Both Achim Truger and Jörg Bibow highlight the lack of public investment as a major source of weak demand in the EMU. Truger calls for the implementation of a ‘golden rule’ of public investment into national and EMU fiscal frameworks. The golden rule would exempt public (net) investment from the deficit targets of both the preventive and the corrective arms of the Stability and Growth Pact as well as the Fiscal Compact. That way, fiscal policy would receive more room for maneuver and public investment, as a particularly growth-enhancing public expenditure category, would be strengthened. Furthermore, debt financing of public investment would strengthen the ‘pay-as-you-use principle’ since future generations of taxpayers would share the burden of financing the capital stock. Truger argues that the golden rule was an important element in the original plan for the German debt brake, as proposed by the Council of Economic Advisers in Germany, and that it was unfortunately left out of the European Fiscal Compact – a fact that led to a significant decrease in public investment after the Great Recession.
Jörg Bibow goes one step further and proposes a Euro Treasury to boost public investment in the euro area. The core idea is to establish a new fiscal entity to pool future euro area public investment spending. It would be funded by euro area treasury securities. The Euro Treasury would give investment grants to EMU member states in line with their GDP shares. Such a Euro Treasury plan would establish a ‘minimalistic’ fiscal union without entailing fiscal transfers between member states and regions. Furthermore, no mutualization of existing national debt would take place and the no-bail-out clause would remain in place. Member states would still need to adhere to the existing fiscal rules and balance their budgets. The difference with respect to the current framework is that since public investment is undertaken by the Euro Treasury, it is excluded from fiscal rules. The golden rule of public investment would therefore automatically be implemented. The Euro Treasury plan would furthermore eliminate all national debts within a generation and thereby create a monetary union that actually functions, as in the USA. Bibow acknowledges (as does Arestis) that a full-fledged political union is still a long way off, and that German fears of a ‘transfer union’ are hard to appease. The Euro Treasury Plan therefore focuses on what may be feasible in the near future.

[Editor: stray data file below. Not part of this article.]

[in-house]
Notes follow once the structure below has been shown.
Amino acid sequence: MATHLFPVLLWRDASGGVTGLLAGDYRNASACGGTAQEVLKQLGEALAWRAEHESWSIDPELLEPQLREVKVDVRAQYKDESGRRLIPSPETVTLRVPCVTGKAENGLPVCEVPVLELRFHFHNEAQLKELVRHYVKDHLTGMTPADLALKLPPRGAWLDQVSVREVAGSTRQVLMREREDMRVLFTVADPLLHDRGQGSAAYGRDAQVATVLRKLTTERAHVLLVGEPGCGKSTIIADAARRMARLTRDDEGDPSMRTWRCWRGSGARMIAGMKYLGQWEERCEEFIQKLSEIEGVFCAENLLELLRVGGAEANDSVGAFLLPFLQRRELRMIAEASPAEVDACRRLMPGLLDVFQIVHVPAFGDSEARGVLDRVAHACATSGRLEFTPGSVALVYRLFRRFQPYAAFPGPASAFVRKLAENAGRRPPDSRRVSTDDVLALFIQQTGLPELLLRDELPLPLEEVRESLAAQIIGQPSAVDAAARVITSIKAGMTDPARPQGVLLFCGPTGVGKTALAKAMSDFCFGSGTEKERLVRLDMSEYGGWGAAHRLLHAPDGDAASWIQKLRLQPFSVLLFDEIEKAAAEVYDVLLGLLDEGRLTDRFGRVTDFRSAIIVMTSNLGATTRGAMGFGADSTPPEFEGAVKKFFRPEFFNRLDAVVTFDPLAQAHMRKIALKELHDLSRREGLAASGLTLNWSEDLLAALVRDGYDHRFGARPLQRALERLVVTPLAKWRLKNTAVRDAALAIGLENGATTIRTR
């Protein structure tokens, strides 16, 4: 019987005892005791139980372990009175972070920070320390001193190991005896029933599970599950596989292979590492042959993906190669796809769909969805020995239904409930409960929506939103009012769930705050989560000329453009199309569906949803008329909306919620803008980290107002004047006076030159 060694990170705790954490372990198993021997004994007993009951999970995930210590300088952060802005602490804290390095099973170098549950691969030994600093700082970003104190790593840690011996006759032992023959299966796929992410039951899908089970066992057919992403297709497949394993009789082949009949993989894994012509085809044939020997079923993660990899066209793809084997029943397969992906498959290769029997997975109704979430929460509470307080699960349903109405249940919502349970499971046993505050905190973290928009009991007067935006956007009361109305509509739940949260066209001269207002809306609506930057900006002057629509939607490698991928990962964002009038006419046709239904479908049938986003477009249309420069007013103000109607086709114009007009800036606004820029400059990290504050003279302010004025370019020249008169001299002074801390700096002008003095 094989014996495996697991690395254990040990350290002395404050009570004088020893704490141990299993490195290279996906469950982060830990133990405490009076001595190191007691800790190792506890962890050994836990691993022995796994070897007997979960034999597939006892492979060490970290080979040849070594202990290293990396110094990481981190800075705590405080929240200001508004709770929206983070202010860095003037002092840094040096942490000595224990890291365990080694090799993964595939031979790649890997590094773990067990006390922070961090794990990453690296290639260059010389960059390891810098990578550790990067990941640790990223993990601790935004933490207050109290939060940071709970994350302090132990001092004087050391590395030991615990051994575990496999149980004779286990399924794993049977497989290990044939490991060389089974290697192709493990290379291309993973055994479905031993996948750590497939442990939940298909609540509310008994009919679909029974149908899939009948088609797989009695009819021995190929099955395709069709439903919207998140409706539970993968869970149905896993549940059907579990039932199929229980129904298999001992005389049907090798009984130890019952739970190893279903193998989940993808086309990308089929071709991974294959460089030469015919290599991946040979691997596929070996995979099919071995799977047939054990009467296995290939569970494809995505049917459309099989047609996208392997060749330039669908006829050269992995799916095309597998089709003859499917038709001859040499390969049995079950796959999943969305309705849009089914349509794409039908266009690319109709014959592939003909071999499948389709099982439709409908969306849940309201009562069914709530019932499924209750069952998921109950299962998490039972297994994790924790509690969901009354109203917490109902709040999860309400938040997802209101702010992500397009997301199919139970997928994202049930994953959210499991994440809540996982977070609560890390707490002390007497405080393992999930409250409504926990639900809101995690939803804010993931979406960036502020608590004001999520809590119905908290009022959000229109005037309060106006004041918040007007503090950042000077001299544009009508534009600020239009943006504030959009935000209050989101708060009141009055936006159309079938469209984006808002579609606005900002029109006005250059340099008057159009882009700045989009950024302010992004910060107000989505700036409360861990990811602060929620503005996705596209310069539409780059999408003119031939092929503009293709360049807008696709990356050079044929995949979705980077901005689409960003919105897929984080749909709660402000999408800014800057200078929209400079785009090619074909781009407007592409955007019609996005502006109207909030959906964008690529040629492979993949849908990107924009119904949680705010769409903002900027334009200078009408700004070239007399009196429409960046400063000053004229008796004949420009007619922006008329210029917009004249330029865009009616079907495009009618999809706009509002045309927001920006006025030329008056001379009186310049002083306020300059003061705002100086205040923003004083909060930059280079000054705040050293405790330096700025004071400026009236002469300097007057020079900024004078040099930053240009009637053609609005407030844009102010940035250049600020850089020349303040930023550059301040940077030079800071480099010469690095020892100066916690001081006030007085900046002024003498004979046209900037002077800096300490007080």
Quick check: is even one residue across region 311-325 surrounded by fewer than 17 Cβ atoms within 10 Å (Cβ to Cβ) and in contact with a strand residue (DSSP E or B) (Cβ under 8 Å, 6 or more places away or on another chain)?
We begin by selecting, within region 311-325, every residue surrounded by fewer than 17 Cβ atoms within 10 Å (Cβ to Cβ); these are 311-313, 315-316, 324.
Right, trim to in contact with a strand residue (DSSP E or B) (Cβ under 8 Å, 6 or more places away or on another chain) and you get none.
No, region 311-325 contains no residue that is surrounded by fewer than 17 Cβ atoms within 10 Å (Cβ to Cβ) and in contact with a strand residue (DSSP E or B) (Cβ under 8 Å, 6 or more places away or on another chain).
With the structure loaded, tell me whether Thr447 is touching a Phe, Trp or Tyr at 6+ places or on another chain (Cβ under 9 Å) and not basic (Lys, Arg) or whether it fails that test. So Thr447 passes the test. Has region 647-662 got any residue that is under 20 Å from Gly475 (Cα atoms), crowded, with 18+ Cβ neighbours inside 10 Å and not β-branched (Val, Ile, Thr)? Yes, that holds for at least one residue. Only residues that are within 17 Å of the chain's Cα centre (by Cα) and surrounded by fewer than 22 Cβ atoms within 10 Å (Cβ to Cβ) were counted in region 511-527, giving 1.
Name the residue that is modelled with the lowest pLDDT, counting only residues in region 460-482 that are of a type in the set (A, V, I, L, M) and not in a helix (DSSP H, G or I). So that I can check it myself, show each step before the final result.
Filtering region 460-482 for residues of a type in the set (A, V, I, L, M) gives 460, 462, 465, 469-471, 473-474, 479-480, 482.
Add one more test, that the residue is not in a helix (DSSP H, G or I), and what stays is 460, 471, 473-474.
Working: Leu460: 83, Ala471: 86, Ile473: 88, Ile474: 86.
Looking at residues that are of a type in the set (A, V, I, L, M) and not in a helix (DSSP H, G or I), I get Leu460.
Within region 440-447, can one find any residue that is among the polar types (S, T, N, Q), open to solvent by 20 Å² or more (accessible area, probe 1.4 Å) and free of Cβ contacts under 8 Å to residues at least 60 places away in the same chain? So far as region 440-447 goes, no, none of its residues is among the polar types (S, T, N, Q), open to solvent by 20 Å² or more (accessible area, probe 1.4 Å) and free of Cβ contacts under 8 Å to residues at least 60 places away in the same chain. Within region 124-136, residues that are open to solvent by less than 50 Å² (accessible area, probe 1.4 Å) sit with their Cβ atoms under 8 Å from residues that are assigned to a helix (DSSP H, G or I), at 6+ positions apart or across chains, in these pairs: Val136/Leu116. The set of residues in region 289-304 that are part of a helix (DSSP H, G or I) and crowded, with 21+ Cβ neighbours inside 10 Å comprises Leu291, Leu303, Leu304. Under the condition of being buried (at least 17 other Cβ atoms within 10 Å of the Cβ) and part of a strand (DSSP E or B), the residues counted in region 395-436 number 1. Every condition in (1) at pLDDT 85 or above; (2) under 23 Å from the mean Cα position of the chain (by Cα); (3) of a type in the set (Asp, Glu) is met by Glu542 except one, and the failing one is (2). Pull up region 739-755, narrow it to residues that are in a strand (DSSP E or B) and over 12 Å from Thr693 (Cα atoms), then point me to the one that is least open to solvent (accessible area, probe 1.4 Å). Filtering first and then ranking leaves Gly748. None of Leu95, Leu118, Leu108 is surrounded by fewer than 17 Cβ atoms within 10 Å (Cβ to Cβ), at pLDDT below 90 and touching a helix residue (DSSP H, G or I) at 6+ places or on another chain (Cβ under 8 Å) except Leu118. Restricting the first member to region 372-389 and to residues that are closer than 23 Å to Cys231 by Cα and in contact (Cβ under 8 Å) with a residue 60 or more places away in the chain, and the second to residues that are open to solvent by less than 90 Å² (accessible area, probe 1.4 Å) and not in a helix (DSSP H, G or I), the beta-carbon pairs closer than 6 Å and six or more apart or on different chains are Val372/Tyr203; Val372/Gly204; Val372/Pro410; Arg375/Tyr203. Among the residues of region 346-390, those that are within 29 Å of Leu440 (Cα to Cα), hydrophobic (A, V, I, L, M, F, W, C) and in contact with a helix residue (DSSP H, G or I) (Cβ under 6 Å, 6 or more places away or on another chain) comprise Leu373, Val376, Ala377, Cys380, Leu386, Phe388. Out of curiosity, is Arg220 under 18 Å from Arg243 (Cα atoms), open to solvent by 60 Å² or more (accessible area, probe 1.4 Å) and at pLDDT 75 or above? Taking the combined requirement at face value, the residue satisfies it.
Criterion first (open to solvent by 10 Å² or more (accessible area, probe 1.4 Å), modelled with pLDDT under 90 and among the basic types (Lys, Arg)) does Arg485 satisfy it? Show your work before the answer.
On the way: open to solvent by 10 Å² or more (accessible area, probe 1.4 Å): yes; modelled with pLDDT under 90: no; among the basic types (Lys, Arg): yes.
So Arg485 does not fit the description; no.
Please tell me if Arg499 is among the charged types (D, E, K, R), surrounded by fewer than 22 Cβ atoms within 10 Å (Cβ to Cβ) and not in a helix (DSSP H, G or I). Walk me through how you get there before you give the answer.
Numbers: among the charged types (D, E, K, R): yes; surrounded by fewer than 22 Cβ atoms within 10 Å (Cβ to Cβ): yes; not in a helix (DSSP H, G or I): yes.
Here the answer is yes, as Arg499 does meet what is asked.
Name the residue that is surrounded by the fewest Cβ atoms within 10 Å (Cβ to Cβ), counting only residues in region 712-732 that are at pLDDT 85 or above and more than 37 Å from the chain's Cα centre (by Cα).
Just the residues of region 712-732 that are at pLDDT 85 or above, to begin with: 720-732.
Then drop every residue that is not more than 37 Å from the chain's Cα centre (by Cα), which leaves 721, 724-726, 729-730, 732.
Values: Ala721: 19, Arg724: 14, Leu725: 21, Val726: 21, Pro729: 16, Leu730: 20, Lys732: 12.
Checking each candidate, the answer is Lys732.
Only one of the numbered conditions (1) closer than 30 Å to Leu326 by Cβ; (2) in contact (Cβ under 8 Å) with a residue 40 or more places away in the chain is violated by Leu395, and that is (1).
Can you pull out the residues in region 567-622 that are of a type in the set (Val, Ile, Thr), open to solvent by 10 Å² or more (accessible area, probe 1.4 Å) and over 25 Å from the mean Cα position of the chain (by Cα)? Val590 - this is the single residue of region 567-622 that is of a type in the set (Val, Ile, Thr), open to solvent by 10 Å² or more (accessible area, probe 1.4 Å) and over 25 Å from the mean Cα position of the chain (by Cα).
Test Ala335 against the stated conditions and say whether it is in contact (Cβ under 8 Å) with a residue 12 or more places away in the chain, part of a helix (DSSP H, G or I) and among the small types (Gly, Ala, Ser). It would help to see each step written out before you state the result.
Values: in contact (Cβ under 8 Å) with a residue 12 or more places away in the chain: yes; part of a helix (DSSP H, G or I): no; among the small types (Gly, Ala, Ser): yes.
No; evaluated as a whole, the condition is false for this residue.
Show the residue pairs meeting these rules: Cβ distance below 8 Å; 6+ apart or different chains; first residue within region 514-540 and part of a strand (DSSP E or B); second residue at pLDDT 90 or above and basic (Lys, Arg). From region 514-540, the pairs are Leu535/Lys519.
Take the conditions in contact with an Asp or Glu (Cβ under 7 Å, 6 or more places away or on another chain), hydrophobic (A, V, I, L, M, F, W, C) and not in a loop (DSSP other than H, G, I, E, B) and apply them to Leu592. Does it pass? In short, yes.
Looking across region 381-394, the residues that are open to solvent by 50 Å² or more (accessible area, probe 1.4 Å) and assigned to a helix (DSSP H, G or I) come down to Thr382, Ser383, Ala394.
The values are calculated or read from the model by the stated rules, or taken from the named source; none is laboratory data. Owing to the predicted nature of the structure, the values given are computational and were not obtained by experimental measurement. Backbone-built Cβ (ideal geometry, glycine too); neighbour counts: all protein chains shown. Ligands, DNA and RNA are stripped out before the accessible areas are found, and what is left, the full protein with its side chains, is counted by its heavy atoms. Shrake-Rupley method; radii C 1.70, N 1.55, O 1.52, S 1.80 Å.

The four contributions to the Special Forum all share the aim of making the EMU governance framework function properly. Their proposals reach from a full political union with an enormous transfer of fiscal competences at the EMU level to more pragmatic proposals with a more realistic chance of being implemented in the near future, such as the ‘golden rule’ or a Euro Treasury. What they have in common however is the view that, without any changes in the fiscal policy framework, the EMU is doomed to fail.
Stefan Ederer - Austrian Institute of Economic Research, Vienna, Austria
Torsten Niechoj - Rhine-Waal University of Applied Sciences, Kamp-Lintfort, Germany